Demonstrators hold placards and candels in memory of Indian Savita Halappanavar in support of legislative change on abortion during a march from the Garden of Remembrance to the Dail (Irish Parliament) in Dublin, Ireland on November 17, 2012. Ireland's tough abortion laws came under fire following the death of the Indian woman Halappanavar after doctors allegedly refused her a termination because it was against the laws of the Catholic country. The Indian woman, who was 17 weeks pregnant, repeatedly asked the hospital to terminate her pregnancy because she had severe back pain and was miscarrying, her family said. AFP PHOTO / PETER MUHLY (Photo credit should read PETER MUHLY/AFP/Getty Images)

  • A woman place's candles outside Belfast City Hall, Northern Ireland, Thursday, Nov. 15, 2012, for Savita Halappanavar, the 31-year old Indian woman who was 17-weeks pregnant when she died of blood poisoning after suffering a miscarriage in Galway, Ireland, on 28 October. Savita Halappanavar's father, Andanappa Yalagi, said the combination of medical negligence and Irish abortion laws led to his daughter's death. The parents of an Indian woman who suffered a miscarriage and died after being refused an abortion in an Irish hospital slammed Ireland's abortion laws Thursday. (AP Photo/Peter Morrison)

  • A woman place's candles outside Belfast City Hall, Northern Ireland, Thursday, Nov. 15, 2012, for Savita Halappanavar, the 31-year old Indian woman who was 17-weeks pregnant when she died of blood poisoning after suffering a miscarriage in Galway, Ireland, on 28 October. Savita Halappanavar's father, Andanappa Yalagi, said the combination of medical negligence and Irish abortion laws led to his daughter's death. The parents of an Indian woman who suffered a miscarriage and died after being refused an abortion in an Irish hospital slammed Ireland's abortion laws Thursday. (AP Photo/Peter Morrison)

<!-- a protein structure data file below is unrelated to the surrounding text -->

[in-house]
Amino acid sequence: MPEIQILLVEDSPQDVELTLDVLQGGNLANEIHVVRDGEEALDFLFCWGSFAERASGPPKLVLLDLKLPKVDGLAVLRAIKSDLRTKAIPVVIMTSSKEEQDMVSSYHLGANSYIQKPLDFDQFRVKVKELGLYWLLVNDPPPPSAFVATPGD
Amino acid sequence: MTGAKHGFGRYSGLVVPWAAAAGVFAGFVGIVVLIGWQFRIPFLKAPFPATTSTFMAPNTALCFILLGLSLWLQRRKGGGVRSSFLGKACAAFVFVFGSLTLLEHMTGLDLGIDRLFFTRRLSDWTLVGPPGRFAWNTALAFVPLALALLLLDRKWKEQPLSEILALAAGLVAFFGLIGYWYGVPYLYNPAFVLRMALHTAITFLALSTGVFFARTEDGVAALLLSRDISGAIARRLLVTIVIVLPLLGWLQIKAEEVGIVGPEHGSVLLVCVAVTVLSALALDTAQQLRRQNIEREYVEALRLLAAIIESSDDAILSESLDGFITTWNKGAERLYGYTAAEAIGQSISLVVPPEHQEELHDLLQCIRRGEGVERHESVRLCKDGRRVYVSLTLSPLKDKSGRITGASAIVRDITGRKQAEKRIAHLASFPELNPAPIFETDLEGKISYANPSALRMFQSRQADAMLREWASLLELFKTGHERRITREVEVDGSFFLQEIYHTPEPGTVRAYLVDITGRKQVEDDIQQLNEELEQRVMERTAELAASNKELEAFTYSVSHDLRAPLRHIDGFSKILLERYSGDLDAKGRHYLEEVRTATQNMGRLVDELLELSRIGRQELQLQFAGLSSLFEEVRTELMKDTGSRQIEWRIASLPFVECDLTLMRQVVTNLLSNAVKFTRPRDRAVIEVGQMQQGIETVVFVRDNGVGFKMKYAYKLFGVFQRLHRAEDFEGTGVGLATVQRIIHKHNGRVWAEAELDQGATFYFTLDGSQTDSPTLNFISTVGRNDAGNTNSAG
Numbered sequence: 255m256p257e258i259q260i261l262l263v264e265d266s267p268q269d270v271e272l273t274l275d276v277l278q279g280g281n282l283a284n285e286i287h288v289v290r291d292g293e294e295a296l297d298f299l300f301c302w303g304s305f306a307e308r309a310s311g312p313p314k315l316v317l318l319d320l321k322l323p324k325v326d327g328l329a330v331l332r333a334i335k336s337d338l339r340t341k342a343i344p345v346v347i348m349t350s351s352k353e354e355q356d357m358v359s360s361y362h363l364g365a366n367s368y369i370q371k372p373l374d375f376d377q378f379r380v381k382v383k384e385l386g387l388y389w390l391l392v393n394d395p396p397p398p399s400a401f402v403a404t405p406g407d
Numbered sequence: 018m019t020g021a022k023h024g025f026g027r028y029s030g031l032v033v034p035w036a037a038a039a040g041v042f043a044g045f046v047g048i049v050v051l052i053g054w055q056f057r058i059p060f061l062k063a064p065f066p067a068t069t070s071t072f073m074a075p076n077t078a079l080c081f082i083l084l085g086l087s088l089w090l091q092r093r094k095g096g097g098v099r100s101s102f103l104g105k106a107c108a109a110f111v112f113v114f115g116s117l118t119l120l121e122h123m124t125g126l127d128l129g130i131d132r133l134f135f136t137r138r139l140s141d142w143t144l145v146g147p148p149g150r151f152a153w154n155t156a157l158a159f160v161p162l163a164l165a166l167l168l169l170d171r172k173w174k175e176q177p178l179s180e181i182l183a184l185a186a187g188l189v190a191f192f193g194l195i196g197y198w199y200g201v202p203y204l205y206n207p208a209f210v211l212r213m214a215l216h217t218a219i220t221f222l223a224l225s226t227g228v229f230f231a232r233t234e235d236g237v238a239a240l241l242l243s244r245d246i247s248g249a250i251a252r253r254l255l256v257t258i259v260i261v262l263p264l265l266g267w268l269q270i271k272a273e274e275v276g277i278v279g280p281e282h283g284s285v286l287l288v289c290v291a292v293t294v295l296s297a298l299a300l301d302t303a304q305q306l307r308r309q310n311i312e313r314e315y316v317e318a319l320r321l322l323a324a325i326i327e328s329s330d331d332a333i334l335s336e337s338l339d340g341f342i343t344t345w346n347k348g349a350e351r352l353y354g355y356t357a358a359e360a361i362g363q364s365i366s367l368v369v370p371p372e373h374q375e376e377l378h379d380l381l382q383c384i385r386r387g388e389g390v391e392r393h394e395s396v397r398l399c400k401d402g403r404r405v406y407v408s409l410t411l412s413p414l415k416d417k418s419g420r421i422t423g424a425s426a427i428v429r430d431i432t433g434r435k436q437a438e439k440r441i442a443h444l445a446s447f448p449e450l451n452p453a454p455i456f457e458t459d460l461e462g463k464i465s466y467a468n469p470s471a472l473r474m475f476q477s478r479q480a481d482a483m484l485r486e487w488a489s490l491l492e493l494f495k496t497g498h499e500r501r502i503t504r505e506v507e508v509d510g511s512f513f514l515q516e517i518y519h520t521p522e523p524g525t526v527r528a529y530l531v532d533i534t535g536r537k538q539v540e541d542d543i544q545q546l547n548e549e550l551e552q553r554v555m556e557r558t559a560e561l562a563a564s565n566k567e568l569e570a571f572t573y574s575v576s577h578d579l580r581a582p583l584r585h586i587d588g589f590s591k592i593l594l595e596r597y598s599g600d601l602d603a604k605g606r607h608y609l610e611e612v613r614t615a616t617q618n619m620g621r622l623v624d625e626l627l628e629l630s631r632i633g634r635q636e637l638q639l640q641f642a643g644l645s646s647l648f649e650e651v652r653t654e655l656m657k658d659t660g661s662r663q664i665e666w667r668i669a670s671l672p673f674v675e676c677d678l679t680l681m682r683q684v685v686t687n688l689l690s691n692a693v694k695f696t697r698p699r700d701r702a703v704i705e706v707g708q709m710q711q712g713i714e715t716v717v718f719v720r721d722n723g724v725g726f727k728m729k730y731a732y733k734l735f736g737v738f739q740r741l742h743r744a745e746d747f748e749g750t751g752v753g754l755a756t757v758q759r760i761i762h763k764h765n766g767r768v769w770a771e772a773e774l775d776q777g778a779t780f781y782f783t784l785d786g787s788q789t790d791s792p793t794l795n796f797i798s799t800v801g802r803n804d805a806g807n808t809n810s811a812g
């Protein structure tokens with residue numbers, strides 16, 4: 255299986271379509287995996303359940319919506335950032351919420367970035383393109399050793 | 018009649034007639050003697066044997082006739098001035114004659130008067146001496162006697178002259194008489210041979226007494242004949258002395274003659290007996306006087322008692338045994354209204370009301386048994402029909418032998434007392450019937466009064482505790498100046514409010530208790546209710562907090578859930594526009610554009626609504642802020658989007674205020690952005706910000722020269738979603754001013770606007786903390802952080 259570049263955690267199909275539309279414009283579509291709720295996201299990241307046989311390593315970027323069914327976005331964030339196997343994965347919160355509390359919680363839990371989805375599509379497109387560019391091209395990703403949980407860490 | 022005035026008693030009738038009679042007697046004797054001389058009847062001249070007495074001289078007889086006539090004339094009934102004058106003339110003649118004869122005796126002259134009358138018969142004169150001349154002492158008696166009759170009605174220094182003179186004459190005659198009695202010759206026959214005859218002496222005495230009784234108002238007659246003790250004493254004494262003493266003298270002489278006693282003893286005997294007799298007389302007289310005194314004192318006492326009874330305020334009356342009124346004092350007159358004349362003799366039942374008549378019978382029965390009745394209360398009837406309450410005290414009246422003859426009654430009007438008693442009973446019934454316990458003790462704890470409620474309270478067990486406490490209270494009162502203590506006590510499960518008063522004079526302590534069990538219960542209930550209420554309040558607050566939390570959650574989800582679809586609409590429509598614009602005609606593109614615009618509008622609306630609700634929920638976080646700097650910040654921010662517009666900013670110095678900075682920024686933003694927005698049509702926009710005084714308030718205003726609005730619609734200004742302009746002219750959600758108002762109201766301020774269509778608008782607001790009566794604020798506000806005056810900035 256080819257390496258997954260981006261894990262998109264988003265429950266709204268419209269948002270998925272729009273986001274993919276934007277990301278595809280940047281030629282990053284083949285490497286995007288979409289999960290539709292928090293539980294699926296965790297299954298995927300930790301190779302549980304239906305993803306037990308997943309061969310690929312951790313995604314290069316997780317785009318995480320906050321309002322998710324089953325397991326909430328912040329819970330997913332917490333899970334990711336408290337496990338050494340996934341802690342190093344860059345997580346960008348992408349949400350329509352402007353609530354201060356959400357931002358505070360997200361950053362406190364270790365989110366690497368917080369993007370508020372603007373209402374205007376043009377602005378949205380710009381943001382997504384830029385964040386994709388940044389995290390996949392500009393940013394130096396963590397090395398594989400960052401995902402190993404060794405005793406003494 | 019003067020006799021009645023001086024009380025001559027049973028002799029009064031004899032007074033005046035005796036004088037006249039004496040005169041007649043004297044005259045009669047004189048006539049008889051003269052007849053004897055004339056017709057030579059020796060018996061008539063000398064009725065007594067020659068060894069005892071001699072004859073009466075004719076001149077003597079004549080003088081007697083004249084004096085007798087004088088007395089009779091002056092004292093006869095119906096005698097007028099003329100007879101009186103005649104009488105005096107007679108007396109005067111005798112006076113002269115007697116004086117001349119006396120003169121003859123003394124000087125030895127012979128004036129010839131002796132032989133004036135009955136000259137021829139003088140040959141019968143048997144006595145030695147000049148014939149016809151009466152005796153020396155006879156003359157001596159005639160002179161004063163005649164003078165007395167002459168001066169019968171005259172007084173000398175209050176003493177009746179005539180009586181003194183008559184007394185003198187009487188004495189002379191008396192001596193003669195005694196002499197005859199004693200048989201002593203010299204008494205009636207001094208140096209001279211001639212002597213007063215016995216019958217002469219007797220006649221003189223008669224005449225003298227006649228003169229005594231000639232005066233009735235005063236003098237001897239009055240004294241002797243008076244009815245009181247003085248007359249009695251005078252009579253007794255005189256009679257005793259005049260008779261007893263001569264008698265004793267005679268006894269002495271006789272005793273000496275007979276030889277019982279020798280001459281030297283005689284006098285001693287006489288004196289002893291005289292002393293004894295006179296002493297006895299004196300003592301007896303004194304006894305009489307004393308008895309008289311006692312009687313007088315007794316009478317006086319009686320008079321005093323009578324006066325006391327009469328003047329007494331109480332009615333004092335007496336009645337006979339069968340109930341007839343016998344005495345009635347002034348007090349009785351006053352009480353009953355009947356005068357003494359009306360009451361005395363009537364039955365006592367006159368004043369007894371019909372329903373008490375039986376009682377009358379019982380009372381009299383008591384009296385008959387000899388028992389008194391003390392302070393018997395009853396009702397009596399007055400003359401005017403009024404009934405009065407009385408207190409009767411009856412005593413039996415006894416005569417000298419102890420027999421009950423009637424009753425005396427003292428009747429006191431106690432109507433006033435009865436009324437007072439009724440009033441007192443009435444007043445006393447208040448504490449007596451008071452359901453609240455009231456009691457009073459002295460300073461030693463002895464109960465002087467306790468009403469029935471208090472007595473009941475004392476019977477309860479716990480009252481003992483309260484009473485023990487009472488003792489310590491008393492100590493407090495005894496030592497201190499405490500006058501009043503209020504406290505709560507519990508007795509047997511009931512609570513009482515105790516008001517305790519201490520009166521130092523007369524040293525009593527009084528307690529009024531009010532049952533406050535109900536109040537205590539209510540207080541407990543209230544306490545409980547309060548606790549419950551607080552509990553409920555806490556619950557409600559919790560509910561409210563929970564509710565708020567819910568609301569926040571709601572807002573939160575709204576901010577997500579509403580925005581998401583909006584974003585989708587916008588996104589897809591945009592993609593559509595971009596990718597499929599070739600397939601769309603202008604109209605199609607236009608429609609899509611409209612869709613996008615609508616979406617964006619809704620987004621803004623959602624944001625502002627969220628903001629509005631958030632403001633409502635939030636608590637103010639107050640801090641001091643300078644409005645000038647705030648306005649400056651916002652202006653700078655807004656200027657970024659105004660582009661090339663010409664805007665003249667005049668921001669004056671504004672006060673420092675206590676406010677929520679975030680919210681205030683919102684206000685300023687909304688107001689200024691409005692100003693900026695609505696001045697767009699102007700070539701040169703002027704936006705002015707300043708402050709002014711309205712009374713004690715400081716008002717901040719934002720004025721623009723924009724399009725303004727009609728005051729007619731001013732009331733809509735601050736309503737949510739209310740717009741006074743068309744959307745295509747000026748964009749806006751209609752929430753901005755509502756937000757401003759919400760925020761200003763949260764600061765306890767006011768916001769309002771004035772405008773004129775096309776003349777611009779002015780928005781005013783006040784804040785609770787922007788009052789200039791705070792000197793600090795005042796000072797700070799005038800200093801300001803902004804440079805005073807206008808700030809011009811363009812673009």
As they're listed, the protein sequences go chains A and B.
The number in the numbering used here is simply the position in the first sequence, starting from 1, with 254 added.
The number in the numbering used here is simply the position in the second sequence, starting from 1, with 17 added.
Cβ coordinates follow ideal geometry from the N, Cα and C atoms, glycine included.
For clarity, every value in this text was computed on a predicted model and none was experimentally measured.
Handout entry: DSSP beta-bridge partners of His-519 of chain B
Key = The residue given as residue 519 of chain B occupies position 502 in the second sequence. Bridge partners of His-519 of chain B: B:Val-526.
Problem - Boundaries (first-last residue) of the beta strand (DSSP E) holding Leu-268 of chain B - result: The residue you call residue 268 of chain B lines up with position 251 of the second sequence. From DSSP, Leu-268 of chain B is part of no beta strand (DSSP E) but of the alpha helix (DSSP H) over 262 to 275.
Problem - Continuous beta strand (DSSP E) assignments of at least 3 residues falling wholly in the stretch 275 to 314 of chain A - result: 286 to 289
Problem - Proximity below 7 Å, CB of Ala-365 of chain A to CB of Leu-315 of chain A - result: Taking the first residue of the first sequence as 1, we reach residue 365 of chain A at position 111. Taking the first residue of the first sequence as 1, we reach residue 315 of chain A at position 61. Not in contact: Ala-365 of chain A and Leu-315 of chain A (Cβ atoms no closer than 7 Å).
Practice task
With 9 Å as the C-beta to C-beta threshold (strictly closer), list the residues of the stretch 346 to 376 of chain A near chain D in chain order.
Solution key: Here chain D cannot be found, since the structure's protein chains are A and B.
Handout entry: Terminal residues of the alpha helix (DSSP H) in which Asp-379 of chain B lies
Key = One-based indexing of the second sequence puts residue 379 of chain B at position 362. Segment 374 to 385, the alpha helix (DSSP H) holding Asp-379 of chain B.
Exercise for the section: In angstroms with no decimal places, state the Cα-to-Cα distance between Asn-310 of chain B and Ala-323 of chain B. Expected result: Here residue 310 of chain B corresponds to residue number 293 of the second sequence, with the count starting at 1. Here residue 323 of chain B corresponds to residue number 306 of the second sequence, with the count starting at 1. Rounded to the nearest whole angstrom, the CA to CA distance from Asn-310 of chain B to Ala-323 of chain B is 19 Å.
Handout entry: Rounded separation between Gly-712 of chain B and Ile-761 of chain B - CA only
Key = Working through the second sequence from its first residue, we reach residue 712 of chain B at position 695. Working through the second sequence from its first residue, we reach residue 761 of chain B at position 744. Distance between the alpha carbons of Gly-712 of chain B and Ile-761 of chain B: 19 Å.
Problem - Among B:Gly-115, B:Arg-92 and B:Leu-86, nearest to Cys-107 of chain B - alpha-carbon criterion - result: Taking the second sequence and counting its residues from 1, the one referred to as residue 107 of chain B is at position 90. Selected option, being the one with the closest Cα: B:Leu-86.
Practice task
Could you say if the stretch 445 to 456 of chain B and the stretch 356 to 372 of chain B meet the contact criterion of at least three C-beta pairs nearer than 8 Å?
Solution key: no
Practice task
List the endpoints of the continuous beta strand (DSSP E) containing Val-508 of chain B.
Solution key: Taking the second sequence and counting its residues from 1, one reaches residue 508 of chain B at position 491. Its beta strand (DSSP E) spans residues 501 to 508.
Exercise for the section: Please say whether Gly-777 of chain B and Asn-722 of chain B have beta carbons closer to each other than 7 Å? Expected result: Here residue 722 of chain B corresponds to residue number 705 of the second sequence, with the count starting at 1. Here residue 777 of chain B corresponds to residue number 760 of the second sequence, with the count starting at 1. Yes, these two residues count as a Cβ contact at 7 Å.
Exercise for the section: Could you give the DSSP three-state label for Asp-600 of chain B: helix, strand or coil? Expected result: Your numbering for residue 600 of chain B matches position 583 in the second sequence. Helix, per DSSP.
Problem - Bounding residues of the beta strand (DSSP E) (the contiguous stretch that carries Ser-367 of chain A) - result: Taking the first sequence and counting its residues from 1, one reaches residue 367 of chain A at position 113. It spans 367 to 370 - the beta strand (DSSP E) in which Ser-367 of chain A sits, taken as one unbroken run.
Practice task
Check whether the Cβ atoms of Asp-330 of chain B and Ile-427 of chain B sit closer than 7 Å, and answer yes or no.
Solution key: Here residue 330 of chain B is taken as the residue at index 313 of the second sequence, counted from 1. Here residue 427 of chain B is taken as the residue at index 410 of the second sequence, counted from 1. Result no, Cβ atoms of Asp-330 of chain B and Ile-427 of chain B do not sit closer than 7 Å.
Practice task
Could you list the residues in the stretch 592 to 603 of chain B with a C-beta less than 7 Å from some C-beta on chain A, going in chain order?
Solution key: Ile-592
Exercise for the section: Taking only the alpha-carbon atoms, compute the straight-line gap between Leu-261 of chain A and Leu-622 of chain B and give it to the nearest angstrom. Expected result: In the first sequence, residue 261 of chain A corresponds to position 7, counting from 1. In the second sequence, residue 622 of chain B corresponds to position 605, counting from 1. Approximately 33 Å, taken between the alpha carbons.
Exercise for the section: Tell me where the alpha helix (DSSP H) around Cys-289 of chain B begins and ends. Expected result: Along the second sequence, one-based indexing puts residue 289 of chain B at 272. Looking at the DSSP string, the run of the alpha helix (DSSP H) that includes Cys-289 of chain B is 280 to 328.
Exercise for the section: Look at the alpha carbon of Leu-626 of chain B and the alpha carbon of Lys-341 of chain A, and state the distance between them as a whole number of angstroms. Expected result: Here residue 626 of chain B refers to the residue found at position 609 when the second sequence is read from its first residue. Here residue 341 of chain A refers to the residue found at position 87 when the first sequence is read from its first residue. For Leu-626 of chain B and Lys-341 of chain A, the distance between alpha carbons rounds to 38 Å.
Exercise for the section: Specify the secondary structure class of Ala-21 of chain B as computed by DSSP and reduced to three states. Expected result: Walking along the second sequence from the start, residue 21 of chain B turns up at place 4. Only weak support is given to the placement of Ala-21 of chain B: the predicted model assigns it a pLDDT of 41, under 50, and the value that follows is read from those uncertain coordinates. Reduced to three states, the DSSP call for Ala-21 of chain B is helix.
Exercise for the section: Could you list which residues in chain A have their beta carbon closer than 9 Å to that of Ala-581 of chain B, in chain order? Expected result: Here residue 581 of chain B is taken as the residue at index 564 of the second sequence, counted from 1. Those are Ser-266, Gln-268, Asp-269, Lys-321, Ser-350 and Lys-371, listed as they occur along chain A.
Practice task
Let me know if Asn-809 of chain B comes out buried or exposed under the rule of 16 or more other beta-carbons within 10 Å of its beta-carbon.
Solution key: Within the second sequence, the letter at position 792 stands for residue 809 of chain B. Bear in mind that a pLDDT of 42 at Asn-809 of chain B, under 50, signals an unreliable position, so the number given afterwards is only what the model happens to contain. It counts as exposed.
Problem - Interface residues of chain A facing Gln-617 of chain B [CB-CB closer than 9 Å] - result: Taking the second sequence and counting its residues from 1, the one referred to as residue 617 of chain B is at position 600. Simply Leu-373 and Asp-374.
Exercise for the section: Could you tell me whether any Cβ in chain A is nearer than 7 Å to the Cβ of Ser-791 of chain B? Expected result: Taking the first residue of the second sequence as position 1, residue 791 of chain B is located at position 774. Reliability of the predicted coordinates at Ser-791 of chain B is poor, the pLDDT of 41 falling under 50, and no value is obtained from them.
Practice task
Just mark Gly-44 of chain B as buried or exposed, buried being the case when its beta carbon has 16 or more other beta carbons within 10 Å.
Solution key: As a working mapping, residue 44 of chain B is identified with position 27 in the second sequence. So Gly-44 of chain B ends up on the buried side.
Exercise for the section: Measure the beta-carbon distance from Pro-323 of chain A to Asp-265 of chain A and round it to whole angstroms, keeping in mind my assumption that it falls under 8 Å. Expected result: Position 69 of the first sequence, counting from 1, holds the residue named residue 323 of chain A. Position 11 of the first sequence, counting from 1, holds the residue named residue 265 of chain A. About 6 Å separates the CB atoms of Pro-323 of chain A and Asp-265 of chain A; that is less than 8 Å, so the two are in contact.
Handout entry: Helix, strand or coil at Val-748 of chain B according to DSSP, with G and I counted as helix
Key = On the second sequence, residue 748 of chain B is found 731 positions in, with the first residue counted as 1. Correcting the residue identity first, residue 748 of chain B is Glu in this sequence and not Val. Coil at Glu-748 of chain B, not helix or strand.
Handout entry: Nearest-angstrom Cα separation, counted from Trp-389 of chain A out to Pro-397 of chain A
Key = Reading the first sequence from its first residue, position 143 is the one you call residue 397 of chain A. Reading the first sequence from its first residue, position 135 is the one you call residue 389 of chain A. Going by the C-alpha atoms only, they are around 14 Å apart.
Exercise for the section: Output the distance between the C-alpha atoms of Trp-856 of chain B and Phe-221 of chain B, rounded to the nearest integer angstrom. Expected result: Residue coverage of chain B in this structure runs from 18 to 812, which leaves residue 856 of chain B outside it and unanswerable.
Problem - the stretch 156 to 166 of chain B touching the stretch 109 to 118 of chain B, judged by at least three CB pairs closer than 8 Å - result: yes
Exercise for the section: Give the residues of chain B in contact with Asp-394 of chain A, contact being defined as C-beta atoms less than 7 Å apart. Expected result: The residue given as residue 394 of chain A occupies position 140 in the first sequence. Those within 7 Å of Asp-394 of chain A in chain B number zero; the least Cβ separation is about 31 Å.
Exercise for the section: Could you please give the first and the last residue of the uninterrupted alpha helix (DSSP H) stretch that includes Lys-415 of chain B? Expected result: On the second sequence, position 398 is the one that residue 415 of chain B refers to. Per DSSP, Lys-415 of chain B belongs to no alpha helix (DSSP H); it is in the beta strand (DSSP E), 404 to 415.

• INDIA-IRELAND-ABORTION-RIGHTS

    Demonstrators from India's main opposition Bharatiya Janata Party (BJP) shout slogans against the Irish government for the death of Indian national Savita Halappanavar, who died in Ireland after doctors allegedly refused her an abortion, in front of the Embassy of Ireland in New Delhi on November 16, 2012. New Delhi on November 16 demanded a 'transparent' probe into the death of an Indian woman in Ireland after doctors there allegedly refused to terminate her pregnancy even though she was miscarrying. AFP PHOTO/RAVEENDRAN (Photo credit should read RAVEENDRAN/AFP/Getty Images)

  • Ireland abortion row

    Candles are left in tribute outside Leinster House in Dublin, after thousands of people marched demanding legislation on abortion after the death of Indian woman Savita Halappanavar.